Certain events and persistent trends in our culture tend to leave people perplexed. From whence come these periodic bloody rampages in our public schools? What inspires the entertainment industry to abandon true art and to glorify fornication and violence? Why do wonderful advances in technology, like the Internet, become so sullied by the purveyors of obscenity? Why is it that prosperity on a material level does not correlate with advances in ethics and virtuous action? In short, why does the human person appear to become less humane in the face of unprecedented wealth?
Into this sea of questions and concerns comes a welcome guest: The Journal of Markets & Morality. The journal is a scholarly publication begun last year by the Center for Economic Personalism at the Acton Institute for the Study of Religion and Liberty in Grand Rapids, Mich. It wrestles with questions related to economics, free market capitalism, religion and ethics. To my knowledge no other publication has focused its energies on these related fields.
The journal's approach is to gather scholars of diverse specialized disciplines in theology, philosophy, economics and business and to have them engage questions and concerns that straddle and intersect their specializations. The theological-philosophical roots of the publication are Christian. Its mission statement says, “We welcome any attempt to synthesize the principles and concerns of Christian social thought with those of economic science.”
The most recent volume is typical of the journal's sophistication in dealing with the difficult questions of culture, faith and wealth of our day.
Jesuit Father Avery Dulles contributes an article titled “Centesimus Annus and the Renewal of Culture.” The article was originally a speech given at a conference on the encyclical.
Father Dulles argues that most of the human concerns of our century have been posed in the context of two conflicting worldviews held by the East and the West. The East has attempted to improve the condition of man through the politicization of culture. The state becomes man's savior. The West has attempted to cure man's ills through commerce and the increase of wealth. Material comfort will allay man's suffering.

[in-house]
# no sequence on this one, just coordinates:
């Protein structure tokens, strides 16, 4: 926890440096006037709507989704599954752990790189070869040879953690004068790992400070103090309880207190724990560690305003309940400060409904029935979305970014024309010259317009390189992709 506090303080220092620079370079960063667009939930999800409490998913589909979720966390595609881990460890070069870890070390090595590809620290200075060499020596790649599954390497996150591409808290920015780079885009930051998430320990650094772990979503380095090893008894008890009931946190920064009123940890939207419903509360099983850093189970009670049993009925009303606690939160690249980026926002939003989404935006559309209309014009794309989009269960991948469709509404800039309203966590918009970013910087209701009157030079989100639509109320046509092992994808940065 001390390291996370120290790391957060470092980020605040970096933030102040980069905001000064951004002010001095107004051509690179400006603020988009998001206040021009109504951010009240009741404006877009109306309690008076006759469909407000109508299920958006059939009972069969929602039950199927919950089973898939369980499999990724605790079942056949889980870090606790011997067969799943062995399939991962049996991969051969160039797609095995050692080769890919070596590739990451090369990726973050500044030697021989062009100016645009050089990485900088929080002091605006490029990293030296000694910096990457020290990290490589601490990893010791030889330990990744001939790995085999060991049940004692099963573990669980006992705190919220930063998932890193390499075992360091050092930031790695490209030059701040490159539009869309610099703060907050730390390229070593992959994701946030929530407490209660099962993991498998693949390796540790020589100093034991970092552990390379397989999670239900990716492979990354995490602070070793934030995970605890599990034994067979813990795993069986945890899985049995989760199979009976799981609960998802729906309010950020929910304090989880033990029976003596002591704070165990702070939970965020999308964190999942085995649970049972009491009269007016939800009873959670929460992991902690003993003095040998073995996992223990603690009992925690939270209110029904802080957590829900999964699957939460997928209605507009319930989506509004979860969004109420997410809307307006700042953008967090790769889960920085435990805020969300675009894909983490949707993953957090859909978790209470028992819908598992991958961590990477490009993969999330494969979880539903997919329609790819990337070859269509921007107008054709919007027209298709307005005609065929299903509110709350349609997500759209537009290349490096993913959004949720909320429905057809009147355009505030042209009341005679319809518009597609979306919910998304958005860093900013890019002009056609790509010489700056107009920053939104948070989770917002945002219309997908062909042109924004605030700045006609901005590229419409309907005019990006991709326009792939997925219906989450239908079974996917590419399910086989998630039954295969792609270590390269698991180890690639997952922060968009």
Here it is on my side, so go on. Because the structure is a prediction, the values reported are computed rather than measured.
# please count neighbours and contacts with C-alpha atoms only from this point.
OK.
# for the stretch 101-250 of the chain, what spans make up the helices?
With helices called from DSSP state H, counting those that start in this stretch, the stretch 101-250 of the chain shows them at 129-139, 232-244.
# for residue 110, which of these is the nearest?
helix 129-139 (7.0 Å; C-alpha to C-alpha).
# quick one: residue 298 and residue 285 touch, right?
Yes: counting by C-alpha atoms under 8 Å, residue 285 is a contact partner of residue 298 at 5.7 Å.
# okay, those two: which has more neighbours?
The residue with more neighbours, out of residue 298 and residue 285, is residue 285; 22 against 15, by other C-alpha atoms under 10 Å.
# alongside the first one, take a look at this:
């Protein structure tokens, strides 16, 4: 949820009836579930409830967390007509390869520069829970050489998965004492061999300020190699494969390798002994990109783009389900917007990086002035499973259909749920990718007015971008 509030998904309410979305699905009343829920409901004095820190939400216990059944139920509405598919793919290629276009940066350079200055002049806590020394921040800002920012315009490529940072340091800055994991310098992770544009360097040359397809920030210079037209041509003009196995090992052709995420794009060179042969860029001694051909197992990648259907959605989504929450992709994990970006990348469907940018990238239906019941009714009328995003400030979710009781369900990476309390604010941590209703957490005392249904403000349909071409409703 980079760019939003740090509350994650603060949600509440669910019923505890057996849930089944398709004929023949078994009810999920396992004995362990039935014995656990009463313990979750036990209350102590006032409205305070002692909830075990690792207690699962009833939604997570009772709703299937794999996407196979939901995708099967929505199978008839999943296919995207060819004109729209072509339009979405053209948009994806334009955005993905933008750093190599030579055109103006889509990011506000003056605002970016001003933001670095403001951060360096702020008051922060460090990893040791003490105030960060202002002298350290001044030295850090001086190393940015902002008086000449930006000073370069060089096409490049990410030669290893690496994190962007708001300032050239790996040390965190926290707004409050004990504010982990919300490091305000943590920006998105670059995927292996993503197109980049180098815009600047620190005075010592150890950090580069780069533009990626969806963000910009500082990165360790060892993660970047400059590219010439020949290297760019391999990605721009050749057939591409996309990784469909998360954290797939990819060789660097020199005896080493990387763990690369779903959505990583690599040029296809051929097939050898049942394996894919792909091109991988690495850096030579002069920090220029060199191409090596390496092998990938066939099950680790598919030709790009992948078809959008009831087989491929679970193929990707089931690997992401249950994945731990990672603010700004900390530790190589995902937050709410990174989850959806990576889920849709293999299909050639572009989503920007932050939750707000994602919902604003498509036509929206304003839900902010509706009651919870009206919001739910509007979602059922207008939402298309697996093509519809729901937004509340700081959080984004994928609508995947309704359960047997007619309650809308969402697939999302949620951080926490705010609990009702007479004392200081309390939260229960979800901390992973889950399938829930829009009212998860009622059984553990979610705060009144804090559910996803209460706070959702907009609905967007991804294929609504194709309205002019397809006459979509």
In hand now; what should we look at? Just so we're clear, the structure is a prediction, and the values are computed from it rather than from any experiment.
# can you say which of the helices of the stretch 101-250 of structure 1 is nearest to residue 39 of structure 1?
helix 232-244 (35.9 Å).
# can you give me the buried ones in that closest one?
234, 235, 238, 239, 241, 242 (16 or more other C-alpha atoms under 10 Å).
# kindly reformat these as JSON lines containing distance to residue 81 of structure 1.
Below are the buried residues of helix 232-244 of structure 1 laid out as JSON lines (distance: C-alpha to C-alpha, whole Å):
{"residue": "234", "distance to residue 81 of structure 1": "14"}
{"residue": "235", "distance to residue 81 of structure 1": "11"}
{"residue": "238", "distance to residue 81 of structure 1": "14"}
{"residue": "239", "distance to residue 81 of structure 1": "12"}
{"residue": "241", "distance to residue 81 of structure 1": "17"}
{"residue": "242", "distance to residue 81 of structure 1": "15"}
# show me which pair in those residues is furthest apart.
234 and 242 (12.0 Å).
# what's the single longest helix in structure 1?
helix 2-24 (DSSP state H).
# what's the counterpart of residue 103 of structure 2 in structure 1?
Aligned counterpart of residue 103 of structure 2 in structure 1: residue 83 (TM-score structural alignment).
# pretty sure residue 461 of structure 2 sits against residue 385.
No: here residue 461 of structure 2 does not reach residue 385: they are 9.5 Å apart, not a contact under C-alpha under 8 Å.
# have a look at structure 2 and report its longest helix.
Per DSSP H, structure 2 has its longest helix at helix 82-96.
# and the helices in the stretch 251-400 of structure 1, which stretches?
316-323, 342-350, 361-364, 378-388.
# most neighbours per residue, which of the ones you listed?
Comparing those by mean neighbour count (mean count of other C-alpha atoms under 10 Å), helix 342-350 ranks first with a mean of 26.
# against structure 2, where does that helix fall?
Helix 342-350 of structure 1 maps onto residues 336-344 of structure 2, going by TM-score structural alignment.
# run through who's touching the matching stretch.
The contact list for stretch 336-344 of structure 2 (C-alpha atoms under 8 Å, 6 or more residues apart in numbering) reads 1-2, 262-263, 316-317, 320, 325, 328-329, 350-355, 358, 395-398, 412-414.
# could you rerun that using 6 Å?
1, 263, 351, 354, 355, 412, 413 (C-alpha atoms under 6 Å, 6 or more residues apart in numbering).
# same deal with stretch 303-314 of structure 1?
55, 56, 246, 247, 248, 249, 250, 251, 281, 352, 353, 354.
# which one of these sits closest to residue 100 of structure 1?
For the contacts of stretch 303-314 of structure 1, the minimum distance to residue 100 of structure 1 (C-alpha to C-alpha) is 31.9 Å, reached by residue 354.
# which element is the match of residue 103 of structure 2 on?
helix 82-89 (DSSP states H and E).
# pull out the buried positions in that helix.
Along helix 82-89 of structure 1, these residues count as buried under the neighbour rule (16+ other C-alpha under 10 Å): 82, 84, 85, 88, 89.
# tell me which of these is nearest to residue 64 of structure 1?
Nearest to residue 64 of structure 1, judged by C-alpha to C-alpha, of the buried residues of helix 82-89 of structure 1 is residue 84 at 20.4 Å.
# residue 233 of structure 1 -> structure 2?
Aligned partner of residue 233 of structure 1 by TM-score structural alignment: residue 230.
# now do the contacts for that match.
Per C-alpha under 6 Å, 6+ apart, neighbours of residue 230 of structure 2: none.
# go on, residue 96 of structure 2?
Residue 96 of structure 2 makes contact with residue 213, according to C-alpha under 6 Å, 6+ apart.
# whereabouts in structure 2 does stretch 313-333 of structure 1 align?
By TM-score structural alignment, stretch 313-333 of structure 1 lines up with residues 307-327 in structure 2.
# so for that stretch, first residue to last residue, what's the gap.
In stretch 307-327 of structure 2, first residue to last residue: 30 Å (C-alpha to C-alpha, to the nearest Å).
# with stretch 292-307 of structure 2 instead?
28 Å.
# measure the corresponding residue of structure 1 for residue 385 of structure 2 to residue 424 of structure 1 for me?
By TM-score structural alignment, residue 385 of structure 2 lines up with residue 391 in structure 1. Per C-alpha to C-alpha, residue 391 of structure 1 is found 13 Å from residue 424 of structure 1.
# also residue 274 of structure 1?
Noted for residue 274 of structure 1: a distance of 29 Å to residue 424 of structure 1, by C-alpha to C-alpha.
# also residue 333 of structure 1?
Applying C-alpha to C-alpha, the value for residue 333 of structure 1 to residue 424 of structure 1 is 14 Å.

While Father Dulles accepts that both commerce and politics have crucial and irreplaceable roles to play, he argues that culture cannot be reduced to such an impoverished set of alternatives. Educational and research institutions along with literature and arts, promoted by society at large, must operate with a degree of autonomy in order to assist man in answering the questions that have perennially accompanied him.
It wrestles with questions related to economics, free market capitalism, religion and ethics.
Father Dulles also accords a special place to the role of the Church. “As the ‘pillar and bulwark of the truth’ (1 Tim 3:15), the Church can teach the meaning of human existence in light of God's revelation. … A culture without a basis in revealed religion would be incapable of meeting the real needs of individuals and societies in our time or, in fact, in any time.”
One cannot help feeling the force of this statement in the wake of the abolition of God from our public schools and the consequent rise in violence.
The current volume of Markets & Morality also contains an article titled “A Short History of Economics as a Moral Science” by James E. Alvey, a lecturer in economics at Massey University in New Zealand. Alvey offers a historical sketch of the relationship between morality and economics as it developed over the centuries. He points out that only recently has the discipline of economic science been divorced from the field of ethics or moral science. A modern paradigm has emerged in the last century that places the work of the economist in a positivist/materialist perspective. This tendency attempts to make economics more objective by linking it primarily to mathematics and even to the methods of verification in the physical sciences.
Alvey's sketch unfolds the story of an economics that used to be rooted differently than that — rooted in the norms of moral science. Before the modern emphasis, thinkers like Aristotle, Thomas Aquinas, Adam Smith, and to a lesser degree John Stuart Mill, approached economic science within an ethical perspective. Alvey focuses at length on the work of Adam Smith because he is touted by many as the father of modern economics. Alvey shows, however, that Smith's roots were decidedly ethical and not mathematical.
“We see in Smith,” Alvey says, “an analyst who uses the moral framework to criticize the alienating workings of the commercial economy. Some of the strongest moral criticisms of existing society ever made are to be found in The Wealth of Nations; Smith's economics is not an apologia for the status quo. There is neither the sharp fact/value distinction of the later economists who adopted positivism, nor a ‘divorce between economics and ethics.’” Economics is more than mathematical models. It is about virtue, the production of wealth and the right ordering of our lives once riches are achieved.
The Journal of Markets & Morality does not purport to offer immediate solutions to the difficulties in our public schools, the entertainment industry or cyberspace. In fact, the journal goes beyond daily events and headlines to focus with scholarly precision on the ideas that undergird oaur culture, especially in the domains of commerce and ethics. Anyone with a more than casual interest in these topics should pay attention to this new publication. lts intellectual contribution may take us beyond the unsatisfactory solutions to today's problems that are proposed by so many others.
Father Christopher Meade writes from Cheshire, Connecticutt.